I vote ditch the books. That's just my opinion, but here's what I feel happens.
1.) You start out reading these books with zero knowledge of poker strategy
and suddenly you find yourself trying to understand why three authors contradict theirselves or why an author uses a certain tactic in the first place when you really have no experience with that situation to begin with.
To be quite honest, I find the best way to learn (once you understand the basic rules) is to simply start playing some low stakes games - be forewarned No Limit, Fixed Limit, and Pot Limit games all play differently in how people strategize. You might think it's going to cost more money than you'd like, but the truth is that if you play smart bankroll management and just play a very tight game, there's no reason you'll go rushing through it and often it'll cost less than buying books, DVDs, or signing up for professional training. Even $25 deposit at penny stakes is going to help you a lot.
2.) Like I said, I think jump in right away, once you understand the rules. But don't go playing mid stakes until you grasp the concepts of low stakes. Sometimes higher stakes games allow you to do certain tactics, simply because people are more aware of their financial risks whereas at low stakes people might be a bit more liberal with their calls and raises; however, at higher stakes you'll be with higher competition (most likely) and so even if you feel you've got a good run going, it's only a matter of time before the sharks attack.
3.) Sit N Gos are probably the best bang for the buck. Heads up games have some specific strategies that tend to work, but if you play in Sit and Gos enough, you'll eventually end up heads up and slowly learn those concepts. Cash games might seem like a good way to learn, but you can usually get far more poker and far better odds
of winning some decent cash in a Sit and Gos. For instance, at No Limit low limit ring games (cash games) you can easily find yourself facing calling a $1 or $2 even at $.02/.04 tables, and that can be gut wrenching calls when you know little amounts add up if continually make the wrong call. Compare that to a single $1 in that lets you start with several chips and can play for quite a while.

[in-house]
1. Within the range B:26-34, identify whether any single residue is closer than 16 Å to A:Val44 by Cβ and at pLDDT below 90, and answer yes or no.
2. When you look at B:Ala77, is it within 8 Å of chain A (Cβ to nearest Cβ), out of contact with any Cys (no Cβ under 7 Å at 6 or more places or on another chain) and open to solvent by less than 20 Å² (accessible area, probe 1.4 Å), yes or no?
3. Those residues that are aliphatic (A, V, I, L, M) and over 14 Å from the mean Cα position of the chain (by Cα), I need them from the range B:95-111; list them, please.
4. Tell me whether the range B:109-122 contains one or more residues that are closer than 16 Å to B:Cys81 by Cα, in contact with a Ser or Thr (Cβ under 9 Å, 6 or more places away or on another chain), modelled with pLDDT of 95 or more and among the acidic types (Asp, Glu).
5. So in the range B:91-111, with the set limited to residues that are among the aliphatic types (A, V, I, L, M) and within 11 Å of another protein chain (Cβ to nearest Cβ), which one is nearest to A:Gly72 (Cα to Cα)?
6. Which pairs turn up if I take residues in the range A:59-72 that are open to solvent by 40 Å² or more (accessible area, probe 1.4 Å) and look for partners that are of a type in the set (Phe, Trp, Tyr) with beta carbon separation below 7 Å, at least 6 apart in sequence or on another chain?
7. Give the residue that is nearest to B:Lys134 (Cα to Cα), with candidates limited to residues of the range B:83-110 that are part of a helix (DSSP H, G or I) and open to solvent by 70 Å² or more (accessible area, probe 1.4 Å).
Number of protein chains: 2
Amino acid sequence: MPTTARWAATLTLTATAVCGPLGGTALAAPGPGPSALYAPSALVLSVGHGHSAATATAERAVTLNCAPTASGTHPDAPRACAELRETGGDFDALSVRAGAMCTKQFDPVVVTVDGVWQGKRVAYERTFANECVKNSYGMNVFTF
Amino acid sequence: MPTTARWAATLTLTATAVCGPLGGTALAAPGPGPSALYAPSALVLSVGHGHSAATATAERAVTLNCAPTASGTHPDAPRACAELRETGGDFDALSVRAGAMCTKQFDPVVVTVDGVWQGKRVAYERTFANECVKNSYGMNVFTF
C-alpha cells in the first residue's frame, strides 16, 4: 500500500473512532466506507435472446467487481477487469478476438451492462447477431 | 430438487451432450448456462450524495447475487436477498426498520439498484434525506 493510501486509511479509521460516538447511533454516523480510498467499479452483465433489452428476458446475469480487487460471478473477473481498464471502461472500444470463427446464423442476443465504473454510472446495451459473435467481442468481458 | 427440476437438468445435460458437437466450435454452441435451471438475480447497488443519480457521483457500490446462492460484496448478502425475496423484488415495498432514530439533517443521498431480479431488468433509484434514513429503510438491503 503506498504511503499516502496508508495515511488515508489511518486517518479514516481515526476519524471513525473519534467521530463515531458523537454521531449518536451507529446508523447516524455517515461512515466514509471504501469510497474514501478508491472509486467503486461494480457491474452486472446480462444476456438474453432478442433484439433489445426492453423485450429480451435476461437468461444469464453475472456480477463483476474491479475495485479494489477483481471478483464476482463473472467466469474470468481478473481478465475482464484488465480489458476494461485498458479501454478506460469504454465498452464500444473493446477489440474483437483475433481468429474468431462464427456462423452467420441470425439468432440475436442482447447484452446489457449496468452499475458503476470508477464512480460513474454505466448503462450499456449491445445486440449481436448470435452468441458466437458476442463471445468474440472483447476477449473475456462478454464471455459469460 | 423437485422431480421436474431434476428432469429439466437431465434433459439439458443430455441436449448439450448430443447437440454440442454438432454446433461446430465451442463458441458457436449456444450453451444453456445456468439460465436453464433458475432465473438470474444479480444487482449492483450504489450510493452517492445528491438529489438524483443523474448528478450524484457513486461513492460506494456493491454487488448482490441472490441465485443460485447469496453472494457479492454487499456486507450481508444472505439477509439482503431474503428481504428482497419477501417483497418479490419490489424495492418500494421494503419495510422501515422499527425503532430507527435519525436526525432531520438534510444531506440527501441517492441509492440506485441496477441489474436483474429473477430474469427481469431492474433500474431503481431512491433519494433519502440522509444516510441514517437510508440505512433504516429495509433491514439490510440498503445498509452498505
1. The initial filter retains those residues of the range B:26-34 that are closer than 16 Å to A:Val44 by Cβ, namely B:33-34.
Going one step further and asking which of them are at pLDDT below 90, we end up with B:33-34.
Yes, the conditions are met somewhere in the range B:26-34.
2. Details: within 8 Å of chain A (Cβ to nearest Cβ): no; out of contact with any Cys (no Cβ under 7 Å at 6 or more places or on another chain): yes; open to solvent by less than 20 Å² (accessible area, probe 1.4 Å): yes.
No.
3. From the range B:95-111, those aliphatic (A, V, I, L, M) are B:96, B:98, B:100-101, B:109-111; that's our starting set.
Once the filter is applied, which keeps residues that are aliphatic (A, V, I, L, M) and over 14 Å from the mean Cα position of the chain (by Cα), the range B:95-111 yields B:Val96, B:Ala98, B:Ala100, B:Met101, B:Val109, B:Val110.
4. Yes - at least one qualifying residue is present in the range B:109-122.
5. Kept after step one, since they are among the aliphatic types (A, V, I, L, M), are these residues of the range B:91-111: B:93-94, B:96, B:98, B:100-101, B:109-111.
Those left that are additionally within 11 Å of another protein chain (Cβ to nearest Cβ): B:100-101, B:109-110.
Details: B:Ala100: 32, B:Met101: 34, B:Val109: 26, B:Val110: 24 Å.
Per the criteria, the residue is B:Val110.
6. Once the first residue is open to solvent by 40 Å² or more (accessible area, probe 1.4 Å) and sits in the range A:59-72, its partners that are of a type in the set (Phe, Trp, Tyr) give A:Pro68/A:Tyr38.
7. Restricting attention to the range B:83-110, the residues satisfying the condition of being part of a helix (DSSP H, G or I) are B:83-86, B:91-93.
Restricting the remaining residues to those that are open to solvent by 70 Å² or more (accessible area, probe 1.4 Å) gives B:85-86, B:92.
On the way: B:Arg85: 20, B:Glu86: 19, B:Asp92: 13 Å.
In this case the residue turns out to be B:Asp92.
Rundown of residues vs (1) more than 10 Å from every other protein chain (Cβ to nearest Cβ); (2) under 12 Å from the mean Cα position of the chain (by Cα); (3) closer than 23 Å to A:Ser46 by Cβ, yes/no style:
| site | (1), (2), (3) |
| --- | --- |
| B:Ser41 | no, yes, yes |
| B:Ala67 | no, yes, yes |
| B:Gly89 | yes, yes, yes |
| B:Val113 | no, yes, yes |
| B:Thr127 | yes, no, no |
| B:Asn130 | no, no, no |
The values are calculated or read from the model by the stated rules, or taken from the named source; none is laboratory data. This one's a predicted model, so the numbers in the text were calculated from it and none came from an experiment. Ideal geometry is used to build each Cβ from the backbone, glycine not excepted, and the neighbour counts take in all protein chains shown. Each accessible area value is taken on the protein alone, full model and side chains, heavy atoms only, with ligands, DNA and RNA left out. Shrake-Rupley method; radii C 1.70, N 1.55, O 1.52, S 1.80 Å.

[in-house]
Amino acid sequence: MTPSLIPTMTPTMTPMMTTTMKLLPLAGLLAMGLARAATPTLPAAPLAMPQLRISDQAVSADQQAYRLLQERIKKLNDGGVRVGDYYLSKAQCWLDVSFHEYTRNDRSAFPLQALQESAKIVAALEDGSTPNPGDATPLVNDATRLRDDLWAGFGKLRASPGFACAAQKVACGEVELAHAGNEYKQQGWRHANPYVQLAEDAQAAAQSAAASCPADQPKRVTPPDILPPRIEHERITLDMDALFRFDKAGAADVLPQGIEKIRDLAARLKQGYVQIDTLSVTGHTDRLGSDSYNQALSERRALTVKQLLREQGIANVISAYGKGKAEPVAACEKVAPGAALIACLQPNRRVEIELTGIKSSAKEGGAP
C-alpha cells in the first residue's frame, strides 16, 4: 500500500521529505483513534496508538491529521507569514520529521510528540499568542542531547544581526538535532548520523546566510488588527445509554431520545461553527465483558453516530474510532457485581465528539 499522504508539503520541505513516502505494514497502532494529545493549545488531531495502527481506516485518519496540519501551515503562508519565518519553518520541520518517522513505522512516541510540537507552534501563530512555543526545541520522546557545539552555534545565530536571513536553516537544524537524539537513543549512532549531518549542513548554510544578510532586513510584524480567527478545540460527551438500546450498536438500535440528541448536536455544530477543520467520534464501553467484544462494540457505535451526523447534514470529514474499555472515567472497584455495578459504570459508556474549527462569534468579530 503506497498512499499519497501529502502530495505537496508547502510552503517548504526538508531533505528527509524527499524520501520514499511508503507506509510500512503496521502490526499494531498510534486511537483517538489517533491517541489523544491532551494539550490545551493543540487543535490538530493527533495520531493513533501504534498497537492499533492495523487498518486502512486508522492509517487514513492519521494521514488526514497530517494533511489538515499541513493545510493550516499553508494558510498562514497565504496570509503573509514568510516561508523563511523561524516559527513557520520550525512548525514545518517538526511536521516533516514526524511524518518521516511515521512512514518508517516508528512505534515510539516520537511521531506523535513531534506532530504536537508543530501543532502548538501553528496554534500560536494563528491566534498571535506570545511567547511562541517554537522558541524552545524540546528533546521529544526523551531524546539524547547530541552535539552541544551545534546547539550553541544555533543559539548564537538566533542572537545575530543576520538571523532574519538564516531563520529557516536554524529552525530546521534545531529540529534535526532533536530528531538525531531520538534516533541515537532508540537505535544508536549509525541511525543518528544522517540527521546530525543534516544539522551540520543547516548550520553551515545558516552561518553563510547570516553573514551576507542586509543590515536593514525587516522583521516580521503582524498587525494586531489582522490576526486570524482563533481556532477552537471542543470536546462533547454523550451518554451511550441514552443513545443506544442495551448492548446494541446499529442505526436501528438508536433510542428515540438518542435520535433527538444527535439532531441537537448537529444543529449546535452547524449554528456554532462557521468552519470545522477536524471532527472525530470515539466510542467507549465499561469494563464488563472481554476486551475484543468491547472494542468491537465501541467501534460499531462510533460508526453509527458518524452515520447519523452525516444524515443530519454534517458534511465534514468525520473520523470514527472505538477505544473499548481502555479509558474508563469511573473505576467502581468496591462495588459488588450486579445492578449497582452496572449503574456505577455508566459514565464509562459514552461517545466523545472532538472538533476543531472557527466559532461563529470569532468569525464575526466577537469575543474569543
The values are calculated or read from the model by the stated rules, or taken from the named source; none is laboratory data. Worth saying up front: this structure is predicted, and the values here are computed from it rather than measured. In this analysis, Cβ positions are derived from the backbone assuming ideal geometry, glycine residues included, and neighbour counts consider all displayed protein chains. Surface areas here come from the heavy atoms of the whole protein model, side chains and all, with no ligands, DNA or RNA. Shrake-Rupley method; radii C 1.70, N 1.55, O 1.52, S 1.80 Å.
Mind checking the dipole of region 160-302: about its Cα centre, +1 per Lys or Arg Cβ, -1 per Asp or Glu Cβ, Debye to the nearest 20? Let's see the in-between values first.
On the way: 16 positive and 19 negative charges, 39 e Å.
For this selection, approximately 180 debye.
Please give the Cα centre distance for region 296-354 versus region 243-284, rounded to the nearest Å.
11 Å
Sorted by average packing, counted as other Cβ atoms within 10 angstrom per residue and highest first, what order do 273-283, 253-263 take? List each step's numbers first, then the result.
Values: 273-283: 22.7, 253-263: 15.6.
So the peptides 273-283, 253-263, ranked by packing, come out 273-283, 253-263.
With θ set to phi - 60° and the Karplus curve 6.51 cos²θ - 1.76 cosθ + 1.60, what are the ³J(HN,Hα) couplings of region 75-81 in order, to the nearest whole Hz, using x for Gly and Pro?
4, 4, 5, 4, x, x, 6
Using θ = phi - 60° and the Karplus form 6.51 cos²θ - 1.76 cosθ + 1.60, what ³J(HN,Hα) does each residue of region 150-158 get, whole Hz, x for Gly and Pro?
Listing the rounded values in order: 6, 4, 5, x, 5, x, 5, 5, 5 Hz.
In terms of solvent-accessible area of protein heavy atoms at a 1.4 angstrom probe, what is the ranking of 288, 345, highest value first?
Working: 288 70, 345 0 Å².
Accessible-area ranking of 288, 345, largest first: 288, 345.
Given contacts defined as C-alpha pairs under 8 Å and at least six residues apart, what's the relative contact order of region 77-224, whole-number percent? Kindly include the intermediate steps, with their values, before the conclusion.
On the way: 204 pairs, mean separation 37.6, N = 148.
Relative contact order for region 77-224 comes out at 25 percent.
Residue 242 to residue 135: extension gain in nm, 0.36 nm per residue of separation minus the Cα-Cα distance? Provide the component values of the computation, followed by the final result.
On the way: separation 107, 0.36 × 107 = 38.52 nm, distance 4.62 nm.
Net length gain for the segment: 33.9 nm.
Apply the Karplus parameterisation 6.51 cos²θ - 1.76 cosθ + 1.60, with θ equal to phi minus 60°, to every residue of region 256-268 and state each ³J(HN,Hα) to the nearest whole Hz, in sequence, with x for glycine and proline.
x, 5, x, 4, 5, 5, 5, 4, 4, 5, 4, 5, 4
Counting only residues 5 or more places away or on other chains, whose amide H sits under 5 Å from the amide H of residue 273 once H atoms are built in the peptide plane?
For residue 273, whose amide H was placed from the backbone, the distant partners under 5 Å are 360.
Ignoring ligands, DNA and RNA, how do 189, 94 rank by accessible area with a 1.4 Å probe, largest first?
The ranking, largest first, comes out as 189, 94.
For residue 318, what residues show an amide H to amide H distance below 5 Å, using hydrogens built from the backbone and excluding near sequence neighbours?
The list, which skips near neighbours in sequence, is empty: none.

4.) The number of players generally plays a part more in card odds. The more players there are, the more likely another player has 'X' card and the more people you have to bluff. Pots get larger and you have more rounds where you don't have to play the blinds. It might be easier to win at 6 person table, but I think you'll get more learning experience from a 9 ring table where you'll get more poker for your money to learn.
5.) The games play differently strategy wise, so while the rules might be the same (with the exceptions of bets), you'll probably find yourself developing a different play style for each, so it doesn't really matter. The obvious thing is that the amount you can win and therefore lose in fixed limit games are limited, which is nice on one degree because it's less likely you'll be put in a situation where you have to make a tough all-in call on a great hand only to have the opponent hit a gutshot or river draw.
6.) Omaha isn't hard to learn, you just have to watch yourself because it's often easy to overlook things or misread hands if you play a lot of time at holdem. You have to use two cards in your hand, which often causes a lot of confusion. At least two and only two.